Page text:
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February 23, 2021, Watsonville, California – During a time of growing concern over the inequity of COVID-19 vaccination distribution, Dignity Health-Dominican Hospital of Santa Cruz took special care to reach out to essential workers who might otherwise have been overlooked. The hospital oversaw the vaccination of roughly 1,100 agriculture workers in Watsonville, California.
Dr. Nanette Mickiewicz, President and CEO of Dominican Hospital, said the hospital received vaccine from CommonSpirit Health, its healthcare system. After vaccinating its healthcare partners and employees, Dominican Hospital was directed to use the excess vaccine within seven days.
The hospital’s Director of Community Benefits, Dominique Hollister, reached out to the Santa Cruz County Farm Bureau and the California Strawberry Commission. “They had been working on a plan to prioritize vaccinations so that when they became available, it would be easy to distribute them,” Nan said. “We decided to try from an equity standpoint to get [the vaccine] to the county. We’ve seen a disproportionate number of people who got COVID-19 from here because of the close quarters.”
Much of the groundwork had already been laid by the Farm Bureau and the Strawberry Commission, who had compiled a list of people in Watsonville who needed to be vaccinated. “We got them all in our computer system, as many as we could,” Nan explained.
“It was an amazing outpouring of service,” Nan said. A crew of volunteer physicians and nurses went to Casserly Hall in Watsonville to vaccinate the agriculture workers during a two-day clinic, she explained. In addition, 13 volunteers from the community registered the patients outside of the hall. While the agriculture workers stayed in the hall for 15 minutes after being vaccinated, doctors and nurses monitored them for possible reactions to the vaccine.
The volunteers who ran the vaccination clinic were also attentive to the special needs of the agriculture workers. All of the information on the vaccines was in Spanish as well as in English, and some volunteers were able to communicate with patients who didn’t speak standard Spanish. Volunteers also helped those who couldn’t read.
During the clinic, participants were also given appointments to receive the second dose of the Pfizer vaccine. In most cases, Nan said, the agriculture workers were brought to the clinic by their employers, who will make sure that they return for their second dose.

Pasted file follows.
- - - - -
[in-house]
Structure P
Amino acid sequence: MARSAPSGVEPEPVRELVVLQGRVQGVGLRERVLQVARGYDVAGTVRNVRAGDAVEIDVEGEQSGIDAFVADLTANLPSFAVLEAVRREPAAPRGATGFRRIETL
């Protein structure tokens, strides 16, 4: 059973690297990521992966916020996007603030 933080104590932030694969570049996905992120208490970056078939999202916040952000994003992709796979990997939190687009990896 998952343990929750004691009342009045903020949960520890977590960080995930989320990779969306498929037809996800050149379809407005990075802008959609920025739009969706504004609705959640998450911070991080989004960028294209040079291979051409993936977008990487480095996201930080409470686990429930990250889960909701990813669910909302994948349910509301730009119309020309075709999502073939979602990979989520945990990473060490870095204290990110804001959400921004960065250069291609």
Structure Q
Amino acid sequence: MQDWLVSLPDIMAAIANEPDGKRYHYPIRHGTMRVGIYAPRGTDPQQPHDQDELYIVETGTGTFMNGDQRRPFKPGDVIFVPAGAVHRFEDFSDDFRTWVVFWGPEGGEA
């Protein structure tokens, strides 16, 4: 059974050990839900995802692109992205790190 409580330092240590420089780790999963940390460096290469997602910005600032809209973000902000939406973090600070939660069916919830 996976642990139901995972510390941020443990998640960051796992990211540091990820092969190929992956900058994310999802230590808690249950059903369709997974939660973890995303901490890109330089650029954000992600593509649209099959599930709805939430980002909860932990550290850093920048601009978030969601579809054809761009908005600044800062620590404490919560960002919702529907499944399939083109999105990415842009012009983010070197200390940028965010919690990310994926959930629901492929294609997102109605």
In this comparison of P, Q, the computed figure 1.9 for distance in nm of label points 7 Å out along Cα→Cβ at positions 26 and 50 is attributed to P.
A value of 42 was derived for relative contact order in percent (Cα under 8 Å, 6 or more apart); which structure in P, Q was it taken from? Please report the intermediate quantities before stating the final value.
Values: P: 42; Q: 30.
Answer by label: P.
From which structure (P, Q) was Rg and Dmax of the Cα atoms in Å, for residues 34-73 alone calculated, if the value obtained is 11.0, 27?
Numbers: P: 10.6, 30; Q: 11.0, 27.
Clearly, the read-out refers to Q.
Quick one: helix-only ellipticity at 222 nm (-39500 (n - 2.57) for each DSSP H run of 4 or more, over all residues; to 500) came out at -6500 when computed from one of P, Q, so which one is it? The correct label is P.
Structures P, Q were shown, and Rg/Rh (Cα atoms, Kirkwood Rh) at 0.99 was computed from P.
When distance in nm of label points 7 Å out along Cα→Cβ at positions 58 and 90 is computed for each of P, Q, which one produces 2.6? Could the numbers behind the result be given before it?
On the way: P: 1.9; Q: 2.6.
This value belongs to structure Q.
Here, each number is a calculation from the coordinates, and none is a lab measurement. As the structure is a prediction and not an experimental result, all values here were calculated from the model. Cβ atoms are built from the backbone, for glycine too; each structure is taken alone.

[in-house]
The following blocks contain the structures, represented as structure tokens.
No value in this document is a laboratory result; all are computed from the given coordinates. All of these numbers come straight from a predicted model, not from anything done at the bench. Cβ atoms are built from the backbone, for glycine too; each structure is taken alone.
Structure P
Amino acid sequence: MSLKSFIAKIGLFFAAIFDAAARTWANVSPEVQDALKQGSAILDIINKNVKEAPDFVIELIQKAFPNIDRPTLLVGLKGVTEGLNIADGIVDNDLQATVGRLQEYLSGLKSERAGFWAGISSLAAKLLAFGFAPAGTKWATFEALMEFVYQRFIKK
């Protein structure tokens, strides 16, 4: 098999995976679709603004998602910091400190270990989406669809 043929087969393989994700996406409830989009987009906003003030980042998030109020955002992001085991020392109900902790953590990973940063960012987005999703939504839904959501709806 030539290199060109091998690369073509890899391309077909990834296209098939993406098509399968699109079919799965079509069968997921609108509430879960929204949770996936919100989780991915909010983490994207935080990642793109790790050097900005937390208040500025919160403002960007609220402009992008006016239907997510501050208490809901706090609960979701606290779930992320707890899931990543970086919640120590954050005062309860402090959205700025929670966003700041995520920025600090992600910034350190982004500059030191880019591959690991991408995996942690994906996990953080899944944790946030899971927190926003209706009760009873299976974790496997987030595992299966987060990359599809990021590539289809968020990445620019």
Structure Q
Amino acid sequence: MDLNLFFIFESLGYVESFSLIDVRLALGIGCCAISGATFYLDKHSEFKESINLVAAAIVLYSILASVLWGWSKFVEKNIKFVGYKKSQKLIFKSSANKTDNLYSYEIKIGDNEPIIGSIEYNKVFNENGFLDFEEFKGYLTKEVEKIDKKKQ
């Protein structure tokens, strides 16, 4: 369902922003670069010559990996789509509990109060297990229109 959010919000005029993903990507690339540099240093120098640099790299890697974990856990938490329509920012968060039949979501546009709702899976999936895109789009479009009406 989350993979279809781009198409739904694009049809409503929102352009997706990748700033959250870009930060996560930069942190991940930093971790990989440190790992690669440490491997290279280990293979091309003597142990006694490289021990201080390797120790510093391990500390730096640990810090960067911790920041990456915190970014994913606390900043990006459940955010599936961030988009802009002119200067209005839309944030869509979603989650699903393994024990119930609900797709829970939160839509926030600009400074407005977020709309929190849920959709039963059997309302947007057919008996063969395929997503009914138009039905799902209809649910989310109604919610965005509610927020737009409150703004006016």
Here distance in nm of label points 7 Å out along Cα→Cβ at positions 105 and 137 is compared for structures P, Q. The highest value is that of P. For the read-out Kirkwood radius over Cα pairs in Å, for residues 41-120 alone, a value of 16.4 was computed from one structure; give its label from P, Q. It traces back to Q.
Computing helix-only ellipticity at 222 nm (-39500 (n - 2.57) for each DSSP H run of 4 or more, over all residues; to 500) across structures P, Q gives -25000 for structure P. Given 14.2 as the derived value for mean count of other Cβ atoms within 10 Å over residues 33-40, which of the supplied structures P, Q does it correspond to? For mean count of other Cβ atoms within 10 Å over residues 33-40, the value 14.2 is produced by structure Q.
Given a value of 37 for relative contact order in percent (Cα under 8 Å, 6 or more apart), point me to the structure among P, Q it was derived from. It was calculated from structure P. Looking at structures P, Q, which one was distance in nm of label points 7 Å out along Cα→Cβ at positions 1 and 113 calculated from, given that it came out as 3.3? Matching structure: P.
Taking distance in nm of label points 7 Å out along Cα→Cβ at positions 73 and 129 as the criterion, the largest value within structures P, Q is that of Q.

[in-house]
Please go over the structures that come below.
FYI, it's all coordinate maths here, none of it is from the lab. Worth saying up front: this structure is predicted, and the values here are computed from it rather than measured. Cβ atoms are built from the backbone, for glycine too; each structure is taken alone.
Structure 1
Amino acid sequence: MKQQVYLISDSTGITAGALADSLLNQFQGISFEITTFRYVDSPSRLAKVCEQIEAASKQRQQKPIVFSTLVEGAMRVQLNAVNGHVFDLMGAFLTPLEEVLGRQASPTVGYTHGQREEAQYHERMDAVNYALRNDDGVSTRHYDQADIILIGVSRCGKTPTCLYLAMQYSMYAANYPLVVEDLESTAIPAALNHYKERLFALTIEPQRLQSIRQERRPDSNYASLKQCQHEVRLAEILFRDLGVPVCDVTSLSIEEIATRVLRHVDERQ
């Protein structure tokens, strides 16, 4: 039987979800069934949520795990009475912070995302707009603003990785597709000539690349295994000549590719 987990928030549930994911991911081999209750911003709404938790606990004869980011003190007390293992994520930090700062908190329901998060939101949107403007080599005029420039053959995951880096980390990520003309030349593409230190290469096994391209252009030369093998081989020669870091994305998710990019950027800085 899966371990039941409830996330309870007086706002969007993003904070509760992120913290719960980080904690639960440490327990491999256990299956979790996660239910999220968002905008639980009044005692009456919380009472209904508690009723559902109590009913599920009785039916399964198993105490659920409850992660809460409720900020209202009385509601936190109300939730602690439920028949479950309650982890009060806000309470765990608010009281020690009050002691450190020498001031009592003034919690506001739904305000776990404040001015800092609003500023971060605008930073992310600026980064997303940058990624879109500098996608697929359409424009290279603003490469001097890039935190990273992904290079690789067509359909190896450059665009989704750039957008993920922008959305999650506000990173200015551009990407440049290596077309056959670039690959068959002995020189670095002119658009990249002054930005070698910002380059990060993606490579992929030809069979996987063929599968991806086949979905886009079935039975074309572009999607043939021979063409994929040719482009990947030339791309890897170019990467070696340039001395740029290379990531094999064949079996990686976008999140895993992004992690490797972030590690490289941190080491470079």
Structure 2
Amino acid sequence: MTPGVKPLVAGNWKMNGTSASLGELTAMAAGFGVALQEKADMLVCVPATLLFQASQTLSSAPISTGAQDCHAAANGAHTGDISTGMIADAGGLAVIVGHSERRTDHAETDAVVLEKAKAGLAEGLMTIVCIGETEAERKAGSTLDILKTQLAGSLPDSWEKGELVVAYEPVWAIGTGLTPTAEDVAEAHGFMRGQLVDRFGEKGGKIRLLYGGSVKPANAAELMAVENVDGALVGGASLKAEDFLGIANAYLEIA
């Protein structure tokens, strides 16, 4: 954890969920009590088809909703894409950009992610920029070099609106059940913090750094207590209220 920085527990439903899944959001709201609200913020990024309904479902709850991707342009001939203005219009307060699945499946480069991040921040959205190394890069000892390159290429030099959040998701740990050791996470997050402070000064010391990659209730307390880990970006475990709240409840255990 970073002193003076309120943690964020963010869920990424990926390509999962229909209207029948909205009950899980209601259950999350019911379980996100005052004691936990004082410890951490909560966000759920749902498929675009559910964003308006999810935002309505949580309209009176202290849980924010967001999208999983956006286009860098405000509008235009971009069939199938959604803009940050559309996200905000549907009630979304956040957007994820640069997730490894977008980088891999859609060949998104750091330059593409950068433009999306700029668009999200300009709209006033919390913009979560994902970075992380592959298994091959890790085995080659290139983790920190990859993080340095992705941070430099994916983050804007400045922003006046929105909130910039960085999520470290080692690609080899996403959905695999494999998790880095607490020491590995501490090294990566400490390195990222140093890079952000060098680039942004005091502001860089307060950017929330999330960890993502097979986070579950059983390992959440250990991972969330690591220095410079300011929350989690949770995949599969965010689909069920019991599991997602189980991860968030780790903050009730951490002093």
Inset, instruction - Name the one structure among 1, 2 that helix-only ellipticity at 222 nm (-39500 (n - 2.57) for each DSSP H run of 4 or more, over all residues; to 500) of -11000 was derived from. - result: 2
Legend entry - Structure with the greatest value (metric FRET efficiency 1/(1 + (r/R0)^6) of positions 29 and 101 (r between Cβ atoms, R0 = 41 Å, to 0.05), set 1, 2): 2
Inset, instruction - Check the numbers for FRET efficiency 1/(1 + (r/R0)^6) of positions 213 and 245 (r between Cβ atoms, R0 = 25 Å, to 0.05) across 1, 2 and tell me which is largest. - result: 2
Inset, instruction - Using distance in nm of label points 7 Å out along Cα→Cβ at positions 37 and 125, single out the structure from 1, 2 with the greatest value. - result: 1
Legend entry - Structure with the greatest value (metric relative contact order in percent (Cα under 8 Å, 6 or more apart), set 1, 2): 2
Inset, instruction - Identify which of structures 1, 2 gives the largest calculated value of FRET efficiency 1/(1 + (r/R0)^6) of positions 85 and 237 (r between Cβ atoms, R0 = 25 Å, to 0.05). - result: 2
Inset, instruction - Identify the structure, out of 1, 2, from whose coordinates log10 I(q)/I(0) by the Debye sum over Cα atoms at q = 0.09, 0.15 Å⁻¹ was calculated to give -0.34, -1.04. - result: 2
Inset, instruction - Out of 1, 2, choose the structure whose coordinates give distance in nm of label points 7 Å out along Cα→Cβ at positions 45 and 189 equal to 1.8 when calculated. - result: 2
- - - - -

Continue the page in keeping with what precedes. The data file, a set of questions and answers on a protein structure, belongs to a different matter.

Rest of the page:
The agriculture workers are not the only special group that Dominican Hospital has vaccinated. Recently, volunteers from the hospital also vaccinated 600-700 pre-school to first-grade teachers at the request of the Superintendent of Schools, who approached Nan during the clinic for the agriculture workers.
Vaccination of the teachers in the lower grades would allow the schools to be opened up, Nan said. “It would be amazing to have children back in school,” she said. “We have a lot of employees who left the work force or took a leave of absence because they had to teach their children at home.”
Nan, her husband, and other physicians from Dominican Hospital also spent New Year’s Eve vaccinating about 100 residents of Dominican Oaks, a retirement apartment complex behind the hospital.
“We are trying to be targeted in our approach,” Nan explained. “We work with the health officer to make sure we don’t get too far ahead.”
Dominican Hospital has been using the Pfizer vaccine. “Pfizer is very challenging because of the temperatures that are involved,” storage at about -70 degrees Centigrade, Nan explained. “Our goal is to wind down our vaccination efforts in the next few weeks and pass the baton on to doctors’ offices.” The doctors’ offices will use the Moderna vaccine, which doesn’t require storage at such low temperatures, she added.
Nan said the hospital’s efforts in vaccinating populations such as the agriculture workers are very consistent with its mission. “We’ve been here 80 years,” she said. “Our mission is always to take care of the community, including our disenfranchised community members. That’s why we wanted to do outreach – to get to people who might not necessarily have access to the vaccine.”
Nan said she is especially gratified by the attitude of the physicians and other employees. “They want to keep this going,” she said. “They believe in the mission.”
Founded and long sponsored by the Adrian Dominican Sisters, Dominican Hospital is now a part of the CommonSpirit Health, a Catholic healthcare system created in February 2019 through the alignment of Catholic Health Initiatives and Dignity Health. The Adrian Dominican Congregation is now one of 16 participating congregations of women religious with connections to CommonSpirit.
Feature photo: Photo by RF._.studio from Pexels
By Tracy Carlson
January 12, 2021, Atlanta, Georgia – Two of the nation’s leading health organizations are responding to the dual pandemic of COVID-19 and racial injustice with a 10-year, $100 million partnership to develop and train more Black physicians, helping address the underlying causes of health disparities.